|Author Perry Brass, 1971|
In October of 1966, after I had been in New York only 3 months, and was struggling with a dirt-pay job as a messenger at an art studio and going to art school at night at Cooper Union, my 42-year-old roommate on Central Park West Bob Schwiller asked me to sit down for “the talk.”
“I’m gonna have to ask you to leave,” he announced.
I was surprised.
“I don’t like your attitude,” he said.
I was in disbelief. I had thought I had a good attitude. At least as far as I could see, it was good. For a 19-year-old kid it seemed good. I was a polite Southerner and most people saw that. New York had been difficult for me to get used to: it was crowded, abrasive, and pushy. I was not and didn’t want to be.
“Your attitude. You think you’re better than other people. I can tell it. You’ve been rude to my friends. Damn snotty if you ask me. And you don’t bring guys home. Wha’s th’ matter? Think you’re too good for guys on Central Park West?”
I tried to catch my breath. This came as a shock; I’d felt so alone in New York and now I’d be thrown back into the cold again.
Bob’s world had been pretty alien to me: the bitchy queens of his generation did not get my own, who were listening to the Beatles and the Stones and not tossing back cocktails to Frank Sinatra. It was true: I brought every few guys back, but then Bob’s place was pretty much a revolving door; he changed his phone number every other year because too many tricks ended up having it.
I was silent, trying to figure out exactly what Schwiller meant, until his friend Larry’s words came back to me: “Bring home any nice new numbers for Bob?” A light flicked on in my head: I was there to lure other young men and their friends to Bob’s pad, toss what I’d already used to him, or refer their also studly young pals to him. Obviously, Bob Schwiller wanted not just sloppy seconds, but lots of firsts, thirds and fourths as well.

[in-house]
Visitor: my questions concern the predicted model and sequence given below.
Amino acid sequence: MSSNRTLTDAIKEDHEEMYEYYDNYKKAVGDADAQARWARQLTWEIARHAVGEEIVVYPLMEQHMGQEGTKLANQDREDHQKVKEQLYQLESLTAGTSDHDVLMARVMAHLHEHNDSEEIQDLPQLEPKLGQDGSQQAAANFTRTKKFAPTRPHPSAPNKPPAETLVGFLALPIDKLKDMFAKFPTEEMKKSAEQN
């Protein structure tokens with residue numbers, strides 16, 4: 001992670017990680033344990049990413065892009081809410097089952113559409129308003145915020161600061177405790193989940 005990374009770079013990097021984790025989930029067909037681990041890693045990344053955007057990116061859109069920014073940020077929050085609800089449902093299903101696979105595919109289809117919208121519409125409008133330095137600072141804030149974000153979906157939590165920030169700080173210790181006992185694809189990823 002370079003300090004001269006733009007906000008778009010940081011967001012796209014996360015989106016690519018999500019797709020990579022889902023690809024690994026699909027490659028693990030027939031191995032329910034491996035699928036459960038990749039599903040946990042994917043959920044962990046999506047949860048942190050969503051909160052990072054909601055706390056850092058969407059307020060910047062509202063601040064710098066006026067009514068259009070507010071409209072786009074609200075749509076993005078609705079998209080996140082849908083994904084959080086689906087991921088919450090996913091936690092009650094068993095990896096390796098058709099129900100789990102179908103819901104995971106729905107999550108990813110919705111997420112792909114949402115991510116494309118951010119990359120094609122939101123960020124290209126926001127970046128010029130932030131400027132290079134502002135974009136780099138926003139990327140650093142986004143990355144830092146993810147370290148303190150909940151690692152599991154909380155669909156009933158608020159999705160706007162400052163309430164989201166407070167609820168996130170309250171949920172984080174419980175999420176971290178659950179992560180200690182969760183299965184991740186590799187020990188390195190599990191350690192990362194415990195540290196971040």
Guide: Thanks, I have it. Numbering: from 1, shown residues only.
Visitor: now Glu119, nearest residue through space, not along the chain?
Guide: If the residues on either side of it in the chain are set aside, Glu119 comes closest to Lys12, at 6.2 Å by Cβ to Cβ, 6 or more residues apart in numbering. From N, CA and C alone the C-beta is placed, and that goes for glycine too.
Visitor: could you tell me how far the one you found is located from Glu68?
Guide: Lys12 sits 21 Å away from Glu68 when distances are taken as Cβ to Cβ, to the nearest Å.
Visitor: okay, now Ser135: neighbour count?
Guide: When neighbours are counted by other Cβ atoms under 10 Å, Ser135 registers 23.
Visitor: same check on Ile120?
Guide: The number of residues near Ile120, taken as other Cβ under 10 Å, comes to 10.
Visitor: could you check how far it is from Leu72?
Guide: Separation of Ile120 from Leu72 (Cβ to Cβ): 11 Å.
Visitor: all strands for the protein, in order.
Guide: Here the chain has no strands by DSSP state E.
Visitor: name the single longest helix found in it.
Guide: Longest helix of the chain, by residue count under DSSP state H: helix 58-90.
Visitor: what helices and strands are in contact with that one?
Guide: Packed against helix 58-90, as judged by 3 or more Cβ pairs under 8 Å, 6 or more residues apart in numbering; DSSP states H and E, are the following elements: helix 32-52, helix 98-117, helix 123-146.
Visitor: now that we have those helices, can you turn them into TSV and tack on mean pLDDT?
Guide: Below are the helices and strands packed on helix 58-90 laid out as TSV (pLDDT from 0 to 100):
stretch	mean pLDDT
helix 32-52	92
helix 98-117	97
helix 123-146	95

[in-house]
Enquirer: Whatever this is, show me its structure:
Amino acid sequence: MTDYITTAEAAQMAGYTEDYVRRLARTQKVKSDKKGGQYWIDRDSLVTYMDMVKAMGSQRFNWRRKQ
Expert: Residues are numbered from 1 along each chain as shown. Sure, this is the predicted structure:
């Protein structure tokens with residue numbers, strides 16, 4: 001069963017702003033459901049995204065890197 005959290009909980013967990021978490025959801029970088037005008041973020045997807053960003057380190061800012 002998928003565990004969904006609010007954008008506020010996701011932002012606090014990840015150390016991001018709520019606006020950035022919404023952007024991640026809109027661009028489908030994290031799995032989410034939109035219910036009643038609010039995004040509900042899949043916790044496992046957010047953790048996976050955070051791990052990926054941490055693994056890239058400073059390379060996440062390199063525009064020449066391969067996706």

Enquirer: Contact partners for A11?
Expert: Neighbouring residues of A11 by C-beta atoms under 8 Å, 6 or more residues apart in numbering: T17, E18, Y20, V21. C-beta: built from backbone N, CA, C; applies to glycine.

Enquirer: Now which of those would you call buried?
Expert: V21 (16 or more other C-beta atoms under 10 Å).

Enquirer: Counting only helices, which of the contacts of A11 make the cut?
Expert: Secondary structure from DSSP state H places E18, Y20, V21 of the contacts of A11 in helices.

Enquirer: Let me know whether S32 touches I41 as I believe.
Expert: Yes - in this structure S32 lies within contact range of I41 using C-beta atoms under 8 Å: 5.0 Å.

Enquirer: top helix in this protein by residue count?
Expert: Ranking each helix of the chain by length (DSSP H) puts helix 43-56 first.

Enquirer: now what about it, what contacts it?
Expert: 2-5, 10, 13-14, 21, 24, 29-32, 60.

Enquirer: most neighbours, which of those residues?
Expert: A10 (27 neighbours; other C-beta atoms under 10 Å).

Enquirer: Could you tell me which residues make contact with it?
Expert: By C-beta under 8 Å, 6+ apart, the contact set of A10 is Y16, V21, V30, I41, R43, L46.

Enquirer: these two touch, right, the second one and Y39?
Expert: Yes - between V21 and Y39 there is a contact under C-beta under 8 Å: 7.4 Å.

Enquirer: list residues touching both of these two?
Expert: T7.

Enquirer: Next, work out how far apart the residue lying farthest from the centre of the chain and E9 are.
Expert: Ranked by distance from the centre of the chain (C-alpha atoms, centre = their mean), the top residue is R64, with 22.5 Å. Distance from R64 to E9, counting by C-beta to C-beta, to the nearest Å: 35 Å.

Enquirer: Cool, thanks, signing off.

Schwiller picked up the conversation.
“I ain’t gonna throw you out, Perry, but I’ll give you til the end of the month. That’s a little more than two weeks. A nice lookin’ young man like yourself should have no problems finding somewhere else to stay.”
I looked around Cooper Union, where I was going to art school at night, and put up notices in all the bookstores and bulletin boards in the area, roughly the East Village. This was what you did then: you put up a notice on a bulletin board and not on Craig’s List. A few days later I got a call from another “old guy” in his 40s who lived on East Third Street, way down town. I was getting desperate and feeling very out-of-place at Bob Schwiller’s as he interviewed my successors, trying to find more young bait for his cocksucking on CPW. Jerry, the gent in the East Village, told me how to get to his apartment, taking subways I was unfamiliar with; I nervously ventured down after work at night to see his place.
It was between Avenues B and C. I got off at the Delancy Street stop, and noticed wary men hanging around warming their hands over oil barrel fires. The East Village was dirt cheap and wild. People blew joints on their stoops and tough kids looked at you murderously if they didn’t know you. But Jerry’s apartment was in an old gracious building that had once housed professionals like teachers and social workers, who had moved up to more genteel surroundings after living on teeming, overcrowded Allen, Hester, or Orchard Street, the classic Jewish Lower East Side slums. The apartment was on the third floor, in the quiet back, and it ended with a continuous line of windows looking out on a yard planted with trees. Seeing any tree in New York was always good; I was cheered up by that.